Strategic investment project legislation was first introduced into the Croatian legal system through the Strategic Investment Act that came into force in 2013, which, after two amendments (in 2014 and 2016), was replaced by the new Strategic Investment Act in April 2018.
This piece of legislation provides that a strategic investment project is either (1) a private project, financed by natural persons, domestic or foreign companies registered in Croatia; (2) a public investment project whose project holder is a legal entity owned by the state or local government; or (3) a public-private investment project whose project holders are private and public legal entities from various areas and industries ranging from mining, energy, tourism, transport, and infrastructure to science, technology, and education, and which includes the construction of buildings and has to be recognized and proclaimed as strategic by the Republic of Croatia.
In addition to these types of investment projects, the Act includes another category – potential strategic investment projects, which can be executed on real estate wholly or partially owned by the state or local government that is provided in the zoning plans for investment project development or on the maritime domain, if it forms a functional and economic unit with those real estate assets. The selection of investors for the implementation of a potential strategic project is carried out through a public call, usually in two rounds.
Currently, there are 29 proclaimed strategic investment projects with a combined value of approximately EUR 3.4 billion, announced in the period from 2014 to 2023, most of which are public projects (20 out of 29). Except for 2020 when no new projects were proclaimed as strategic, at least one project was proclaimed as such every year. 2017 and 2018 have the most significant volume of newly proclaimed SI projects: eight and six, respectively – almost all of them being public projects and the majority concerning the construction, reconstruction, expansion, and development of the water utility and communal infrastructure, watery supply systems, and wastewater collection and drainage systems. Out of those nine private SI projects, the majority are in the tourism sector, either entirely or in combination with other activities, apart from one project in the industry sector.
For a project to be proclaimed as strategic, it must meet certain requirements – financial thresholds depending on the type of investment and eligibility for EU funding and programs support (ranging from the minimum of approximately EUR 10 million to up and over EUR 10 billion) and compliance with spatial plans and strategic Croatian and EU documents.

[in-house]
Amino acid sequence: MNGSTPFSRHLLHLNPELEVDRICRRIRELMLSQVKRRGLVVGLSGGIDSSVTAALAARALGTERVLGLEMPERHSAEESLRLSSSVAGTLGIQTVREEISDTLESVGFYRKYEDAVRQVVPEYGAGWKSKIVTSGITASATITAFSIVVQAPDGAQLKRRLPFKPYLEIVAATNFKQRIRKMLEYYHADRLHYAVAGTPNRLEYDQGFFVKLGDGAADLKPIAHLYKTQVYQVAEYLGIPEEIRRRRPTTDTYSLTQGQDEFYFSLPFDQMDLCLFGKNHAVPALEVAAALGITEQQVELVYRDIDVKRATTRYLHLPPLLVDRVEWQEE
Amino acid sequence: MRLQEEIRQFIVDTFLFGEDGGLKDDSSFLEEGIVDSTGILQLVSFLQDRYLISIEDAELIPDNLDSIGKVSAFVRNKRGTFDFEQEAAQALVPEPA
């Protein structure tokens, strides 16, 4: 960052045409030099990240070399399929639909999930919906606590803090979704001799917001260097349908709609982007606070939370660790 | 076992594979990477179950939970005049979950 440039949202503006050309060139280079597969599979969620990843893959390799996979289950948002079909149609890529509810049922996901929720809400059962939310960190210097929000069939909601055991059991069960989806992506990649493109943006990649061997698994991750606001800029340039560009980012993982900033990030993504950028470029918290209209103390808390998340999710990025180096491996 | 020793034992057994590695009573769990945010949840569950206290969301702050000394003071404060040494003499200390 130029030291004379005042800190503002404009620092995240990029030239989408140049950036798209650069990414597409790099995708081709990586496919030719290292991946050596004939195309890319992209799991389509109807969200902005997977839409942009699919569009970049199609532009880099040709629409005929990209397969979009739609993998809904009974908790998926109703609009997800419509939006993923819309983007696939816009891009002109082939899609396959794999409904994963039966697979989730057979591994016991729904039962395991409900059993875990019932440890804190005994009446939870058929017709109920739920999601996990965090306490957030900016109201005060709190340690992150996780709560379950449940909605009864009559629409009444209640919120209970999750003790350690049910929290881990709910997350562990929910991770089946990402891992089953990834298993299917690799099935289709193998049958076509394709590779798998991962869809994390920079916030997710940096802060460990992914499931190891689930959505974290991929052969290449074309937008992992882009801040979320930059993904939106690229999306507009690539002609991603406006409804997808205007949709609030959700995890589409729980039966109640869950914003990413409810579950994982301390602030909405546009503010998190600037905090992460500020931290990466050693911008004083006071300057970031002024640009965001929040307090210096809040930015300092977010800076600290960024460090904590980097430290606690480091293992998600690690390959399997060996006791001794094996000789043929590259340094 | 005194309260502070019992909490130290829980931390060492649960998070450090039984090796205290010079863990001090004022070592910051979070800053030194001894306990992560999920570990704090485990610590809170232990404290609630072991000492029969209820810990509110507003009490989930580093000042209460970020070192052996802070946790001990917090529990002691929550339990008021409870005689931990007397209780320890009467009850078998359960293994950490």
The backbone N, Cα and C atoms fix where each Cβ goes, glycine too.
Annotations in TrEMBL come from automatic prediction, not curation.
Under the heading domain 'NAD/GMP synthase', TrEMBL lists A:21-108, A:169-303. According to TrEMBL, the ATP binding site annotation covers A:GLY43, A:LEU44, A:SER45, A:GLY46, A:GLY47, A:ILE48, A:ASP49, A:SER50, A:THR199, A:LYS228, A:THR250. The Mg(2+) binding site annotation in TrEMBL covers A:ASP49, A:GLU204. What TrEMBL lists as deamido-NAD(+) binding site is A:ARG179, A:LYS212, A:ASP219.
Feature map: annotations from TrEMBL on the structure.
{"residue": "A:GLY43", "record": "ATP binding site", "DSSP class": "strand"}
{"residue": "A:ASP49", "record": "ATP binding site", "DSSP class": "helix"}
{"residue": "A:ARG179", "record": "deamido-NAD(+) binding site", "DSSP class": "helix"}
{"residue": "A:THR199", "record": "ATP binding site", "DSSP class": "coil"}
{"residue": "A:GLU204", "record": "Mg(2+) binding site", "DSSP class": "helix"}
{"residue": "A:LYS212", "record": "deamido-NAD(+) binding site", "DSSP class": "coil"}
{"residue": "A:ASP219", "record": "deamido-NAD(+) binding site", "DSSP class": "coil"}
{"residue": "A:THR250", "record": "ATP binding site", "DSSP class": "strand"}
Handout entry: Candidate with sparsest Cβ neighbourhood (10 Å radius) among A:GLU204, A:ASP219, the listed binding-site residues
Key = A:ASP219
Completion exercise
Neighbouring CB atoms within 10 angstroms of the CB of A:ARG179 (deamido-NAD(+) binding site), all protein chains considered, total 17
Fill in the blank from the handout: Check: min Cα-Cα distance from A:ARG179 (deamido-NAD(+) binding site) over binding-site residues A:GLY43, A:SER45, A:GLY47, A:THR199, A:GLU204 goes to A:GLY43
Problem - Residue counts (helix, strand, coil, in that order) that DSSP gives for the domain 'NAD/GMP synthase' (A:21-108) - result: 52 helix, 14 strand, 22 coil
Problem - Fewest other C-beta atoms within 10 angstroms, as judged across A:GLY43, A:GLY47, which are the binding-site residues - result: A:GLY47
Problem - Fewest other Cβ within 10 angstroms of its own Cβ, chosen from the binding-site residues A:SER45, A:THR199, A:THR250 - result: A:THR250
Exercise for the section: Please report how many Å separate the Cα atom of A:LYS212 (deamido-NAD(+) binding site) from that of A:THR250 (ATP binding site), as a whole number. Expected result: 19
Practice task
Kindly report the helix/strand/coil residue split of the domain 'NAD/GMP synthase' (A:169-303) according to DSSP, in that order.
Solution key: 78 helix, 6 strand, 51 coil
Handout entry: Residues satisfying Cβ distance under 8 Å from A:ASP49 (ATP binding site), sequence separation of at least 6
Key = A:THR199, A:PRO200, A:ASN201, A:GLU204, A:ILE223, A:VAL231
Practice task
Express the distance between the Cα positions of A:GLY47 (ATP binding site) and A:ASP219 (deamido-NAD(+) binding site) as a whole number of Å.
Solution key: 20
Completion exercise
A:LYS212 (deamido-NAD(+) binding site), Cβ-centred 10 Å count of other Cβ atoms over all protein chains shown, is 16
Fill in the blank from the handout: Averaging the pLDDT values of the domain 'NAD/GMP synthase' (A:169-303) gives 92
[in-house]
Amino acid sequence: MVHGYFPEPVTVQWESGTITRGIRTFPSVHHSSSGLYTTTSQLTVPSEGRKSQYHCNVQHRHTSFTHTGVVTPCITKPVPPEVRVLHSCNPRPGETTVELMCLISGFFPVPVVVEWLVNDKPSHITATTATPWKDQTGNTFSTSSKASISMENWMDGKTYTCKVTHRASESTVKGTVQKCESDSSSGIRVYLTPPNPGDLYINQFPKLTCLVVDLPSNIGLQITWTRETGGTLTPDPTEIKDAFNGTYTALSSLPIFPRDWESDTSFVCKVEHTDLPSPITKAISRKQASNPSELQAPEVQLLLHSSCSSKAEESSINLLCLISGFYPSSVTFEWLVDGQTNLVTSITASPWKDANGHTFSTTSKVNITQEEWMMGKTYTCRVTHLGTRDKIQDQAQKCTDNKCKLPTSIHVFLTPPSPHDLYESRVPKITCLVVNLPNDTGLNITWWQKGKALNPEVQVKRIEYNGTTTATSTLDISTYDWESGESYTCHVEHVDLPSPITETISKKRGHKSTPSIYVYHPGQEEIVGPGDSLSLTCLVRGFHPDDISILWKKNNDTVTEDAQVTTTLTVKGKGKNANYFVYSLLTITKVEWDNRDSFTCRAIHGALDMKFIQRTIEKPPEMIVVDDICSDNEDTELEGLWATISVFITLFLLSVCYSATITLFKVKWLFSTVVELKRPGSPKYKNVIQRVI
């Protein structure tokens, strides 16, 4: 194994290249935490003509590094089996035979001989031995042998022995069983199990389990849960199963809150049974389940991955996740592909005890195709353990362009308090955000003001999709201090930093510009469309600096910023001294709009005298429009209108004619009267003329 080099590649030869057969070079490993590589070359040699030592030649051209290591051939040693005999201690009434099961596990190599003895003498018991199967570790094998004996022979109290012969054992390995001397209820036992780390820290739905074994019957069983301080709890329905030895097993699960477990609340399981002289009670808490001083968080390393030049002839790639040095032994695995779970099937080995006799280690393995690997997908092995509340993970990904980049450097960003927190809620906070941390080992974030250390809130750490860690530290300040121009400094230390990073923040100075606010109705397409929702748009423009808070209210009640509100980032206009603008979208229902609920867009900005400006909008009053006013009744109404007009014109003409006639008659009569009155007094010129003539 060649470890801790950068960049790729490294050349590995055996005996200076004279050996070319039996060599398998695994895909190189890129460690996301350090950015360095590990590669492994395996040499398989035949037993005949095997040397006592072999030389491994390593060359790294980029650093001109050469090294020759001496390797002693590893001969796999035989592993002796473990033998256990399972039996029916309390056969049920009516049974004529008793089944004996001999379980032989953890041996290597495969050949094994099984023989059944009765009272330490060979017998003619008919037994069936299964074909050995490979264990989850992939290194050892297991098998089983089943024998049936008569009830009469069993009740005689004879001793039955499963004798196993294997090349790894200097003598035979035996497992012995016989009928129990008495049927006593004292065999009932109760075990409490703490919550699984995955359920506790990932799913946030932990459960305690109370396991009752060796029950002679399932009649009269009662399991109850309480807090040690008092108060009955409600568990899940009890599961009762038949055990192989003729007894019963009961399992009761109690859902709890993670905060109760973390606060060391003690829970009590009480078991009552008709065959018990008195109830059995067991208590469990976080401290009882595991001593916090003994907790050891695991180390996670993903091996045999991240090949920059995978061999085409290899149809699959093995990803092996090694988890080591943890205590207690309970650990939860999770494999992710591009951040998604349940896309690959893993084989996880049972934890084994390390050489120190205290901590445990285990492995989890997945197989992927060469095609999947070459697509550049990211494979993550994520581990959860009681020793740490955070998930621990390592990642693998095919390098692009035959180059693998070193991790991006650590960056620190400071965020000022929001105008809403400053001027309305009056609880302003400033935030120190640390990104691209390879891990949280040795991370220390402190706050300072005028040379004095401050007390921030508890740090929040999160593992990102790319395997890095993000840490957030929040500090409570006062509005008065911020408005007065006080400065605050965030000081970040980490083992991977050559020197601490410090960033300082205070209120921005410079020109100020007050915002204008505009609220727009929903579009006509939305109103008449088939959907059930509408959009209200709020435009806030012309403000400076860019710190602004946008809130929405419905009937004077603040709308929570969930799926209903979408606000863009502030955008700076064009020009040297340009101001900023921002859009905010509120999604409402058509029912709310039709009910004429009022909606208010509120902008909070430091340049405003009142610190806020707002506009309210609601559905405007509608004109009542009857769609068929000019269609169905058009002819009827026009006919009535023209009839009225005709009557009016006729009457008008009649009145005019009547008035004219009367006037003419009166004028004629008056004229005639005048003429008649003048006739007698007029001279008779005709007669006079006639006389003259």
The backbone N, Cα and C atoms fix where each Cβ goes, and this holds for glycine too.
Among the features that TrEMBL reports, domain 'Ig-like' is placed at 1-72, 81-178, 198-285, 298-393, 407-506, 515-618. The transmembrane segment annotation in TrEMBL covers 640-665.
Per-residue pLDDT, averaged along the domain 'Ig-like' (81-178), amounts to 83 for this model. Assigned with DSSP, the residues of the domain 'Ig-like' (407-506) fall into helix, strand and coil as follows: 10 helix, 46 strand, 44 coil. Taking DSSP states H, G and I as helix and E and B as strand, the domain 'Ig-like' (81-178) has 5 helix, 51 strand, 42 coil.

It is also expected that the implementation of such a project creates conditions for significant employment depending on the type and location of the project; significantly contributes to the development or improvement of manufacturing and service-providing conditions and standards; introduces and develops new technologies that increase competitiveness and efficiency in the economy or the public sector and/or raises the overall level of safety and quality of life of citizens and environmental protection; positively affects several economic activities and its implementation creates added value and which to a greater extent contributes to the sustainable development and protection of space, environment, and culture as well as significantly contributes to the competitiveness of the Croatian economy.
Additionally, a project can be proclaimed as strategic if it concerns certain activities ranging from production and processing activities, high value-added service activities, and health activities to the energy sector and infrastructure activities, to name a few.
In addition to proclaimed SI projects, the Ministry of Economy and Sustainable Development holds a List of Strategic Investment Projects with the potential to be proclaimed as SI projects. This List contains a total of 47 projects with a combined value of approximately EUR 8 billion – 38 public projects, eight private projects, and one public-private project. Public projects are planned in a wide range of the infrastructure and construction sectors – from the construction and reconstruction of airports and seaports, transport (with a significant volume of works in railway and road transport), waste disposal, energy, and water infrastructure.
Since the avowed status advantages of projects proclaimed as strategic investments include their faster implementation, with fewer necessary procedures, it remains to be seen how many of those 47 projects that are in the waiting phase will be proclaimed as strategic investments, as well as the level of their potential positive impact to some new investment cycles.
By Ana Vrsaljko Metelko, Head of Real Estate, Ostermann & Partners